BY STEVE ROTHAUS, srothaus@MiamiHerald.com
Northern Trust, a Chicago-based investment bank founded in 1889, boasts on its website that "we have evolved with the changing needs of our clients and our world."
This week, the bank announced its formal launch of a "Lesbian, Gay, Bisexual, Transgender (LGBT) and Non-Traditional Family Practice," which will begin by serving customers in South Florida.
"There is a large LGBT marketplace there," said John McGowan, a longtime Northern Trust banker named national practice leader for the program, which tested for about 18 months in Chicago. Along with South Florida, the practice also will debut in Southern California and Denver.
Northern Trust, with offices in Miami, Coral Gables, Key Biscayne, Aventura and Fort Lauderdale, aims its services at clients with $1 million-plus assets. The bank hopes to attract wealthy gay couples who often face complex tax and legal issues."
Legally married couples have "unlimited marital deductions for estate and gift taxes, that allows spouses to freely transfer assets from one to another without tax consequences," McGowan said. But tax breaks don't exist for same-sex couples.
"Florida has very few laws that protect same-sex couples," McGowan said. "It's a matter of making clients aware of estate and legal documents that need to be in place to protect the relationship, the family."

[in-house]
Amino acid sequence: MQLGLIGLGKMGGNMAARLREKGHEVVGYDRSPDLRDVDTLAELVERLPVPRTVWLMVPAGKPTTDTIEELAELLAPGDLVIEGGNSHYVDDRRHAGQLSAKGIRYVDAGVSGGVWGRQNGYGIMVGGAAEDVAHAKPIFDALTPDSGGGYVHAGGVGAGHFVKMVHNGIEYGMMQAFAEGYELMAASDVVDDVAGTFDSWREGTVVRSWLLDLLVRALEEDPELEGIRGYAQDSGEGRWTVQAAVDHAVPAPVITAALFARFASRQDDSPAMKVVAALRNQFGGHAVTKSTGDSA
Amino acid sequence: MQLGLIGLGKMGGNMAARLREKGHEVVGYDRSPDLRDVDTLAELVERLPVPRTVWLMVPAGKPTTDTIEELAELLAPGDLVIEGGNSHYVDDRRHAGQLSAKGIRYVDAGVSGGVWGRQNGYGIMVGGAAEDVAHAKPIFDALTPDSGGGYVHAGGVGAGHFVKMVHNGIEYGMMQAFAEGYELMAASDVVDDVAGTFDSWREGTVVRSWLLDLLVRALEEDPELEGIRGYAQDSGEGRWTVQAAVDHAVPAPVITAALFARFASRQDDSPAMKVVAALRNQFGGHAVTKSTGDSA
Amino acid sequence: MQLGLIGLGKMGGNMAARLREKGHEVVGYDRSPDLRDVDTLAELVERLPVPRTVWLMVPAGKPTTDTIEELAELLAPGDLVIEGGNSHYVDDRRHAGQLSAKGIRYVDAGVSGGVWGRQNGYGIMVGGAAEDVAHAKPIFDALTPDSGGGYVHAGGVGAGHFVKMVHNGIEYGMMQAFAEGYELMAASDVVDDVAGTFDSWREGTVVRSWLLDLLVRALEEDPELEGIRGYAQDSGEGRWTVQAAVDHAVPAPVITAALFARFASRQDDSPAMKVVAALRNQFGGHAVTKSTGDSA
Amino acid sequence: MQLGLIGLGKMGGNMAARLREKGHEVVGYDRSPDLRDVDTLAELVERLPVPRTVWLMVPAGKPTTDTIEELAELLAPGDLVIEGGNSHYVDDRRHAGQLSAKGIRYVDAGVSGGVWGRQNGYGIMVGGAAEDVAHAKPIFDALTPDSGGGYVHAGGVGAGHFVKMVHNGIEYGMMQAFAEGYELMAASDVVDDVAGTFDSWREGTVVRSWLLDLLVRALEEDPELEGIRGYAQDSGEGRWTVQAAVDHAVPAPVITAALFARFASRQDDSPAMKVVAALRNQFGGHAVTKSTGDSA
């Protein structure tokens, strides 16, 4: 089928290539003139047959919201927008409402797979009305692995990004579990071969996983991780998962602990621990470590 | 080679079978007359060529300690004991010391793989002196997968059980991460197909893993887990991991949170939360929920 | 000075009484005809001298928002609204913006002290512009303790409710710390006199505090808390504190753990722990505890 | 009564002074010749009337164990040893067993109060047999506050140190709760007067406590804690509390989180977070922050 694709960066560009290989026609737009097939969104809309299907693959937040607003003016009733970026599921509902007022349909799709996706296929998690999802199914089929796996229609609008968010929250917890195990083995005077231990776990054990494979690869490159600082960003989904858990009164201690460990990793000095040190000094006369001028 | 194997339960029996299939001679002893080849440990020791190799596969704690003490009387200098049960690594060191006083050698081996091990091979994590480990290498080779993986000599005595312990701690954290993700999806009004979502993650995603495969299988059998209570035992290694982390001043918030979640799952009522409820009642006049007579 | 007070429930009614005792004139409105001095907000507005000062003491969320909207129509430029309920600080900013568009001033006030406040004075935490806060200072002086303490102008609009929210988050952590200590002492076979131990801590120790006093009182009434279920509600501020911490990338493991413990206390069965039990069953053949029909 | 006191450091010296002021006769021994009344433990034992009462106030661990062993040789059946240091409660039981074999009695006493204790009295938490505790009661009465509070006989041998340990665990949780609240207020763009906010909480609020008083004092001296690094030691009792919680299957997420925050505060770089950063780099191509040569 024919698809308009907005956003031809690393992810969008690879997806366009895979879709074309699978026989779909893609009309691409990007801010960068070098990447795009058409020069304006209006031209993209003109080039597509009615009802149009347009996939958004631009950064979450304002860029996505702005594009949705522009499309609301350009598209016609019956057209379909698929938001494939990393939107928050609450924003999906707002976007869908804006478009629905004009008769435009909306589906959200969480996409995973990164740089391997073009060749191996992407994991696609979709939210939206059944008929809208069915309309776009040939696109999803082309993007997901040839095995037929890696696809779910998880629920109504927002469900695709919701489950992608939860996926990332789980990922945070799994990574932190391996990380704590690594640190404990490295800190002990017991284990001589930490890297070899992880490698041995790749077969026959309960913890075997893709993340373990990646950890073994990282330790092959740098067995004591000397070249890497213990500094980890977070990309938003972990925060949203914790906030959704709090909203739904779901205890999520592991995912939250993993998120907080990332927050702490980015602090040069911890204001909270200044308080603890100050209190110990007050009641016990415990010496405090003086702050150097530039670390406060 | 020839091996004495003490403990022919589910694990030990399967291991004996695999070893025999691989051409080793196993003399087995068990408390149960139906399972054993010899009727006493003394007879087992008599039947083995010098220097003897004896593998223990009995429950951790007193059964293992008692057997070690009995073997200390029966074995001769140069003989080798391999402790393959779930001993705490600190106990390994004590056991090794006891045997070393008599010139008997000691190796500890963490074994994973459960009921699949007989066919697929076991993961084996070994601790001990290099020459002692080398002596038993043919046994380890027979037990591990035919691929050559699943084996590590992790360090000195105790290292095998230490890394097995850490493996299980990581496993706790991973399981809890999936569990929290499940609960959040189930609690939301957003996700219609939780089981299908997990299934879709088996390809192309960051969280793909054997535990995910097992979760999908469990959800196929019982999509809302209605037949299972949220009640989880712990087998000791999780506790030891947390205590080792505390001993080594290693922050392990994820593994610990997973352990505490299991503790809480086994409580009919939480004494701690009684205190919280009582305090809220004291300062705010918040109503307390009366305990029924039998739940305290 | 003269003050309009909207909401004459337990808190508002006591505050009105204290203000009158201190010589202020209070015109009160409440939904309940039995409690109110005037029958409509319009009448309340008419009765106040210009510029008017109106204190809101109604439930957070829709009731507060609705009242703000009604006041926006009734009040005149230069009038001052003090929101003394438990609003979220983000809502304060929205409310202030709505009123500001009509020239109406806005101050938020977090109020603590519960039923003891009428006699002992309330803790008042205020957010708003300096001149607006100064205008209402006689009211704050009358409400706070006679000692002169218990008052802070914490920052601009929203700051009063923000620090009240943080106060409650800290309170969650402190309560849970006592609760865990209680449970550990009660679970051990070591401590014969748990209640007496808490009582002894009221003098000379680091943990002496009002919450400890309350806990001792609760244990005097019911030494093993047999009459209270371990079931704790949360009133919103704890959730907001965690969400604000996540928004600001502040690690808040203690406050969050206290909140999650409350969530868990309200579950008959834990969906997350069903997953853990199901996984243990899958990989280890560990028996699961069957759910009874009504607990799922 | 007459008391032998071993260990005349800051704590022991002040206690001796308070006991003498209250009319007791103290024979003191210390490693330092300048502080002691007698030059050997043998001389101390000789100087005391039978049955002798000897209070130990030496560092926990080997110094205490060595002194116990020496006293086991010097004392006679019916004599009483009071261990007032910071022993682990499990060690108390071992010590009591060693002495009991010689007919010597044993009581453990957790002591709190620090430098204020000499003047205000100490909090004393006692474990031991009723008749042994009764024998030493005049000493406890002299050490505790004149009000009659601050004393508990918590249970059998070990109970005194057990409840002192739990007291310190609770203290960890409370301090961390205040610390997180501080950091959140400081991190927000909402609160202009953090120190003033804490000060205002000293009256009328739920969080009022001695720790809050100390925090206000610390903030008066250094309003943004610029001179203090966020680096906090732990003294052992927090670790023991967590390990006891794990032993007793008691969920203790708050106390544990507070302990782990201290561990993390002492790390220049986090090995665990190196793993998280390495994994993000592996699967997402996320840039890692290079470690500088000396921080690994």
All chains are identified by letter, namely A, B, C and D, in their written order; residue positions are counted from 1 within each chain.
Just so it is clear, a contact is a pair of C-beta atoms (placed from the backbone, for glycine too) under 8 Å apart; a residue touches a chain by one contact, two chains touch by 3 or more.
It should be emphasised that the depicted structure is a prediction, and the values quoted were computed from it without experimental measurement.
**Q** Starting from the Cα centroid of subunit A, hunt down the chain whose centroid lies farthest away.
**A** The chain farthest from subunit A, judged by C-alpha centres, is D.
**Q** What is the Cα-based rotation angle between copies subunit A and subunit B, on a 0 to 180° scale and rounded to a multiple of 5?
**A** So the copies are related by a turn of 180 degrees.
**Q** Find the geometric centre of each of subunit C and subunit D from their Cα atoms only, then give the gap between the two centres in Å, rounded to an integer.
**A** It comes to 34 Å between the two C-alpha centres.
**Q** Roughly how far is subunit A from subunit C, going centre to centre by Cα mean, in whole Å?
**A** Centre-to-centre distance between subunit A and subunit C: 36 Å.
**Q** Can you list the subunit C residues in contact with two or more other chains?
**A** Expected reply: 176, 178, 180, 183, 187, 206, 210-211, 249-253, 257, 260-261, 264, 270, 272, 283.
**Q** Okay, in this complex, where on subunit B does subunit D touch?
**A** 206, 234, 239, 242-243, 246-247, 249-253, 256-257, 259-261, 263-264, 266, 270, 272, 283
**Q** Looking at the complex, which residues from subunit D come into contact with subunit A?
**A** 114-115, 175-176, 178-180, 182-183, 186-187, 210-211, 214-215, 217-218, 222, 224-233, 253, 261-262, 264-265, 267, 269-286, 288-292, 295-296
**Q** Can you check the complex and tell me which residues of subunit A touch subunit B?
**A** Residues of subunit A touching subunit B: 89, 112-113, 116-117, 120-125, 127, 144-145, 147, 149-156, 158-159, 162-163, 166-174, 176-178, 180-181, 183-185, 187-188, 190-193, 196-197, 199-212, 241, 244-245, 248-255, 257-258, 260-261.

Gay men and women -- and unmarried straight couples -- who inherit their partners' wealth are taxed at 35 percent subject to today's $5 million lifetime gift tax exemption. In two years, the exemption is scheduled to drop to $1 million, McGowan said.
The federal government doesn't recognize gay couples, even those married in states where same-sex partners can legally wed. Florida voters in 2008 passed a state constitutional amendment that defined marriage as a bond between opposite-sex couples, and rendered invalid any other union "treated as marriage or the substantial equivalent."
End of life issues and inheritance rights also come into play.
"A wife has the legal right to be at her husband's side in the hospital if he takes ill, the legal ability to make medical decisions. But in most states, unless [gay partners] had a power of attorney for healthcare, they do not have the legal right to be at their partner's side," McGowan said.
And, "if a will is not in place, the surviving [gay partner] will end up with
Northern Trust isn't the only bank reaching out to LGBT clients. Bank of America, Goldman Sachs, Wachovia and many others also actively compete for gay investment dollars.
"Regardless of advertising, the client should interview different investment firms to understand if the investment approach is right for them and if there's a connection with the people they'll be working with," said Gene Sulzberger, senior vice president at PRS Investment Advisory in Miami. "Don't rely solely on a company putting marketing dollars behind an LGBT campaign."